It’s not easy being a father.
When I was ten my father lost his job. He was fired. He quit. It was a misunderstanding and he was offered his job back after being let go. I don’t really know what the truth was.
But I do know he worked hard to support his family.
The job he lost was that of a news photographer at a small daily newspaper. It was certainly a job well below his journalistic skill level and experience, but that was of his own making.
I guess he had taken the job with the idea that he might go into business for himself as a private studio photographer.
A studio photographer in town offered him a deal in which he would set up shop in that man’s studio and do what was called commercial photography. My dad spent many hours building his own office in the large back room of that man’s building, which was as big as a small warehouse. He constructed a frame and installed insulation and nailed up drywall.
I think maybe he neglected to do any market study and soon found out there really was no market for commercial photography in that area. A businessman my dad was not.
He worked for a time at another newspaper in another town, having to stay in a ratty hotel while the rest of the family stayed put. But that job did not work out. He was in the employ of one of the most notoriously bad newspaper chains for working conditions.
He tried work as a traveling salesman for a time, but, as far as I know, made no sales.
And then he finally got a job as an editor for a small weekly newspaper in another town.
We moved there. He toughed it out for three years working for an ill-tempered owner.
Quite by chance, on a trip to another town, which he liked, he walked into a newspaper office and inquired as to whether they needed anyone and they did. They hired him as a reporter for their six-day per week newspaper. Eventually he became the managing editor.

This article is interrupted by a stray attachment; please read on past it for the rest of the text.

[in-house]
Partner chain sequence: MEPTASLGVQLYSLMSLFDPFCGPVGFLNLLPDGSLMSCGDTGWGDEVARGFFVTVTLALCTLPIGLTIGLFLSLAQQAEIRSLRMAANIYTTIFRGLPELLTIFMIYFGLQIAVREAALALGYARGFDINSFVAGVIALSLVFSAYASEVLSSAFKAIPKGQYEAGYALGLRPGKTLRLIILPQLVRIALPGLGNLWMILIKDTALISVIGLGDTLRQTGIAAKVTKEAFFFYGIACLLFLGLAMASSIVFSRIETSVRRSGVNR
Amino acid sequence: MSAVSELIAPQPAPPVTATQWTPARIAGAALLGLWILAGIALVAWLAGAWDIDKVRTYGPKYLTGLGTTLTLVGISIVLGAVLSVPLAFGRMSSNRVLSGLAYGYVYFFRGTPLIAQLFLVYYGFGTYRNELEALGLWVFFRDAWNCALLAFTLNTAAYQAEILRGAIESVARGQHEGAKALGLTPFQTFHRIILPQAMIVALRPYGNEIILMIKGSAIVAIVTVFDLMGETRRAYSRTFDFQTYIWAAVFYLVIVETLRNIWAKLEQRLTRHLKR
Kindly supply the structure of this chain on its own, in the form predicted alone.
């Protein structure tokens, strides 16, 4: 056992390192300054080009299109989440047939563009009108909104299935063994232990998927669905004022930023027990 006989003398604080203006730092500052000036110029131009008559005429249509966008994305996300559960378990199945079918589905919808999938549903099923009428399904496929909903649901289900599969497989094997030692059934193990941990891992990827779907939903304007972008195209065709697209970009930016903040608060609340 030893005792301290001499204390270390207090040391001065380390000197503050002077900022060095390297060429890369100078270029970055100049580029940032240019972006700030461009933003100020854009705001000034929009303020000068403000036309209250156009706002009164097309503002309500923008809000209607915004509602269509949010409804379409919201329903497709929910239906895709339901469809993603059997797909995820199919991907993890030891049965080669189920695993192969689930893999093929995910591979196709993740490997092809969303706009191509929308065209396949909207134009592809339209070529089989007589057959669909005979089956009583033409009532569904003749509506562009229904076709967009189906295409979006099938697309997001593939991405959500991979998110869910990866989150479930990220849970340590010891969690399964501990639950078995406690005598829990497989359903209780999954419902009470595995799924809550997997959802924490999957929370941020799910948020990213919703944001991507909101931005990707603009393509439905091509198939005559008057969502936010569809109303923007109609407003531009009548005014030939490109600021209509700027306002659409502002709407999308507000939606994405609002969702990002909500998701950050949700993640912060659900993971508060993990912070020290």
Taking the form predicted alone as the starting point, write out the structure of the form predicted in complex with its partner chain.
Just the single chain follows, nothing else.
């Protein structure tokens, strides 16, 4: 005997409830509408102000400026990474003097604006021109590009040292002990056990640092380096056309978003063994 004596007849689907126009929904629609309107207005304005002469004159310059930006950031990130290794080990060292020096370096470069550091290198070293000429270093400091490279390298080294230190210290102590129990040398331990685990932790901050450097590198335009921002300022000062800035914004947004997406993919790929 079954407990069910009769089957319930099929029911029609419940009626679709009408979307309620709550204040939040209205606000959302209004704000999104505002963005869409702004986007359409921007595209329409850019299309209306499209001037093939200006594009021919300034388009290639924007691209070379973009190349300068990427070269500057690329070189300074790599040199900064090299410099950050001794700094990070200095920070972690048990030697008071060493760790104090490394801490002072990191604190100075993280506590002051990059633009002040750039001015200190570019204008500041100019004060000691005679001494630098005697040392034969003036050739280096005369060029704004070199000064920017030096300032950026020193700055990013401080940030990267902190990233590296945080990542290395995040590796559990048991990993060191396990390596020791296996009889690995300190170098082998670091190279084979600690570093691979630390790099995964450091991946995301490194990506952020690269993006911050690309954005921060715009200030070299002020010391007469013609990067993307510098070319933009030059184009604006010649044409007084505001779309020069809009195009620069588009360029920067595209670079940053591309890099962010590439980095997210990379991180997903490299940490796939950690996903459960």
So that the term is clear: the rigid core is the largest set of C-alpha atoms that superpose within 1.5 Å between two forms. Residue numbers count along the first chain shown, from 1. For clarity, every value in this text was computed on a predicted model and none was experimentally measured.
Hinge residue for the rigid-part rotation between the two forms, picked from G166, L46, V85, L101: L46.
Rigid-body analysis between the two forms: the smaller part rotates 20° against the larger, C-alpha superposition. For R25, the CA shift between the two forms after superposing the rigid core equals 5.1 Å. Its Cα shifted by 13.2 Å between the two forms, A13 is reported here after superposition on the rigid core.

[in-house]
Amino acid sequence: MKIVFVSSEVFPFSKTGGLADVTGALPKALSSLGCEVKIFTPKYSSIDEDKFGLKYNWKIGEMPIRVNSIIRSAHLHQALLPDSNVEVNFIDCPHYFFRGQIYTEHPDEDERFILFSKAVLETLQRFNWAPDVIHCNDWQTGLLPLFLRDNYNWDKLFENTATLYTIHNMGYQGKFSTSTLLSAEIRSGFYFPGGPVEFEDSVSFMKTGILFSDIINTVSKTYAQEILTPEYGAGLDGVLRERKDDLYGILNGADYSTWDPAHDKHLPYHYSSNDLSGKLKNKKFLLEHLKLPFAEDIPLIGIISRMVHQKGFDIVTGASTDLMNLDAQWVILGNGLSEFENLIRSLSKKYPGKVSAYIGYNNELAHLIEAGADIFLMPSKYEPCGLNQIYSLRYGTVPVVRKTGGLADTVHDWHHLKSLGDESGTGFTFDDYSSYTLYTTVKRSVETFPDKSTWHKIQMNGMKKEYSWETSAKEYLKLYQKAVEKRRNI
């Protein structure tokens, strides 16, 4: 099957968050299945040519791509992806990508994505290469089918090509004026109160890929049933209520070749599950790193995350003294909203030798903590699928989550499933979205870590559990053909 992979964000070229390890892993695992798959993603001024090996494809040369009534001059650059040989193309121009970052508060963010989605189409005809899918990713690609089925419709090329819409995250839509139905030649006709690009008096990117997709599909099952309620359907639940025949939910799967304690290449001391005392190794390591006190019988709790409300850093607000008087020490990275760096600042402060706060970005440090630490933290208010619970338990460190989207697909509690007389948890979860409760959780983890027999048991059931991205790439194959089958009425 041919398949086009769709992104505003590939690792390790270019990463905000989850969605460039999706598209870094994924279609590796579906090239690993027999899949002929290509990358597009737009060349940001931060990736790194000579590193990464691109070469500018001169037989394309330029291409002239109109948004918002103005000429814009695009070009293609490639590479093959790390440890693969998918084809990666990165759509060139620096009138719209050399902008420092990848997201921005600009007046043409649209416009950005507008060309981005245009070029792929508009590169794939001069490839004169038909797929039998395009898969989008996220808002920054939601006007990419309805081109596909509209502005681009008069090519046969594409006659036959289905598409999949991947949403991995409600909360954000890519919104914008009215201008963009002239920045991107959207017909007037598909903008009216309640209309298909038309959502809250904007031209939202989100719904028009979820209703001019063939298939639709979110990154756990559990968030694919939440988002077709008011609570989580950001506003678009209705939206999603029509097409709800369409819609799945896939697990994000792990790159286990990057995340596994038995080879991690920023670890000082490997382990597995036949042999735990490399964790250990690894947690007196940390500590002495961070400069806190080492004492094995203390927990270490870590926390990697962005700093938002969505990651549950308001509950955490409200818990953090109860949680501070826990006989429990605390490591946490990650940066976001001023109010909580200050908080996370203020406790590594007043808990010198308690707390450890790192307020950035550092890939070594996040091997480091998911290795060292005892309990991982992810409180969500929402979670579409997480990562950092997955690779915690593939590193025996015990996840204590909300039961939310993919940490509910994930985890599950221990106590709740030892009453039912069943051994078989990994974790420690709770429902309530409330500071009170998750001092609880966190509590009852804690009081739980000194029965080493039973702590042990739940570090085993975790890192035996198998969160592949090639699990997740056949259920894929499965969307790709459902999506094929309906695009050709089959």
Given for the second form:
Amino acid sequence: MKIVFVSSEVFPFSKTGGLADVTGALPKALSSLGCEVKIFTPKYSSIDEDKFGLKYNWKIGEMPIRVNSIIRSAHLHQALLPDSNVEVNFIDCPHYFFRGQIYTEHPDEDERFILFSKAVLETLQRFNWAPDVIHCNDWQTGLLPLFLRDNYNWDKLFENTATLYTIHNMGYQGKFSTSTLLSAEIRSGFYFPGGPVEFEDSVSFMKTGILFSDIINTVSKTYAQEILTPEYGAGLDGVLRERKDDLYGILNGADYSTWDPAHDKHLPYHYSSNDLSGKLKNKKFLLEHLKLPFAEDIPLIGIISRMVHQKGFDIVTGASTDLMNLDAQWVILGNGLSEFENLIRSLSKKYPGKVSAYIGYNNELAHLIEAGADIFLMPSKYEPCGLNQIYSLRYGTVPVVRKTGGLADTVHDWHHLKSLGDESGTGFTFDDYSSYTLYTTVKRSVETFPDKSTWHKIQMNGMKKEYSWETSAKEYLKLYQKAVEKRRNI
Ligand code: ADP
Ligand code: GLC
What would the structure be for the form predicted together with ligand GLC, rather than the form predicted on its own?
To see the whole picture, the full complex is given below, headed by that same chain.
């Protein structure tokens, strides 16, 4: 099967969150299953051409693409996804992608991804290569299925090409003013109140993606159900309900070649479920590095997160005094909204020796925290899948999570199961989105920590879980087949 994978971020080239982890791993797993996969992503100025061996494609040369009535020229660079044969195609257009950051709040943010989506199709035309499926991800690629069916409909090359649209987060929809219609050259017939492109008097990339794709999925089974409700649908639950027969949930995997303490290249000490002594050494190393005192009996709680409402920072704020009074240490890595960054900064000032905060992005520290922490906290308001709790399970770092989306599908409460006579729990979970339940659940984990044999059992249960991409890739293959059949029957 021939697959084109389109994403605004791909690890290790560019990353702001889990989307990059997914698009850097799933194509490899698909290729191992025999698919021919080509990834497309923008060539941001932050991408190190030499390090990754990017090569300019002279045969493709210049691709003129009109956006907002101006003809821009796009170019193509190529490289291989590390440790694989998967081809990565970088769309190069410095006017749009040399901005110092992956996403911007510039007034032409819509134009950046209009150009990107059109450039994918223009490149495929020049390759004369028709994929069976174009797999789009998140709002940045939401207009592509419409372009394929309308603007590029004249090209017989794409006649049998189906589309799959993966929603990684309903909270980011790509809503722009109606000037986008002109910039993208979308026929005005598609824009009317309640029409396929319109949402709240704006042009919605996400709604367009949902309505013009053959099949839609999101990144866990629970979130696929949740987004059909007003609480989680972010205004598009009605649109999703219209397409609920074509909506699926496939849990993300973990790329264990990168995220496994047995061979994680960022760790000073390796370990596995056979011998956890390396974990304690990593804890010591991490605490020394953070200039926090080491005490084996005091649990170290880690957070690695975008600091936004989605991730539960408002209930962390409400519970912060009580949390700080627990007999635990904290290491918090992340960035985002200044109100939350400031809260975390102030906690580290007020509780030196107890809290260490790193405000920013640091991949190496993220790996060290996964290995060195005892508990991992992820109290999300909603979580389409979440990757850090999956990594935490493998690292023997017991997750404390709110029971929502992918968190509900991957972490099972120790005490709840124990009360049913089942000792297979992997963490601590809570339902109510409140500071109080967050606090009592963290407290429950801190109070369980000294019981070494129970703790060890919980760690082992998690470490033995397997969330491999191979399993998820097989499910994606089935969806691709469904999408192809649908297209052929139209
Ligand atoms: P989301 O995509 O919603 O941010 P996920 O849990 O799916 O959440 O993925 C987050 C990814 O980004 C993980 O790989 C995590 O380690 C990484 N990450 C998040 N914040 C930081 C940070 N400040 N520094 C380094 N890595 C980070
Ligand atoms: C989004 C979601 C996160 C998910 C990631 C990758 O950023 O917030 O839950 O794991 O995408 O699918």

There’s really more to this story. My dad worked at quite a few jobs, mostly newspapers, big and small, and for the Associated Press news wire service. But as far as I can gather, for one reason or another he was not satisfied with any of them. And he may have quit some or have been fired. But he always found other work and supported his family.
We always had a roof over our heads and never came close to missing a meal. And we went on vacations, and I don’t recall actually wanting for anything.
And to some limited degree I, a father myself, I have lived his life, having worked in the past in journalism and not being happy with it much of the time, and working at other jobs and not always being happy with them, but knowing I had a family to support. And, yes, I quit a few along the way.
Henry David Thoreau wrote: Most “men lead lives of quiet desperation…”
Happy Father’s Day!
Okay, for those who know me, maybe I wasn’t always so quiet.
And of course this is not really limited to male parents, but this was for Father’s Day and maybe harkens back to the time of my childhood when the burden of breadwinning usually fell near totally on the father.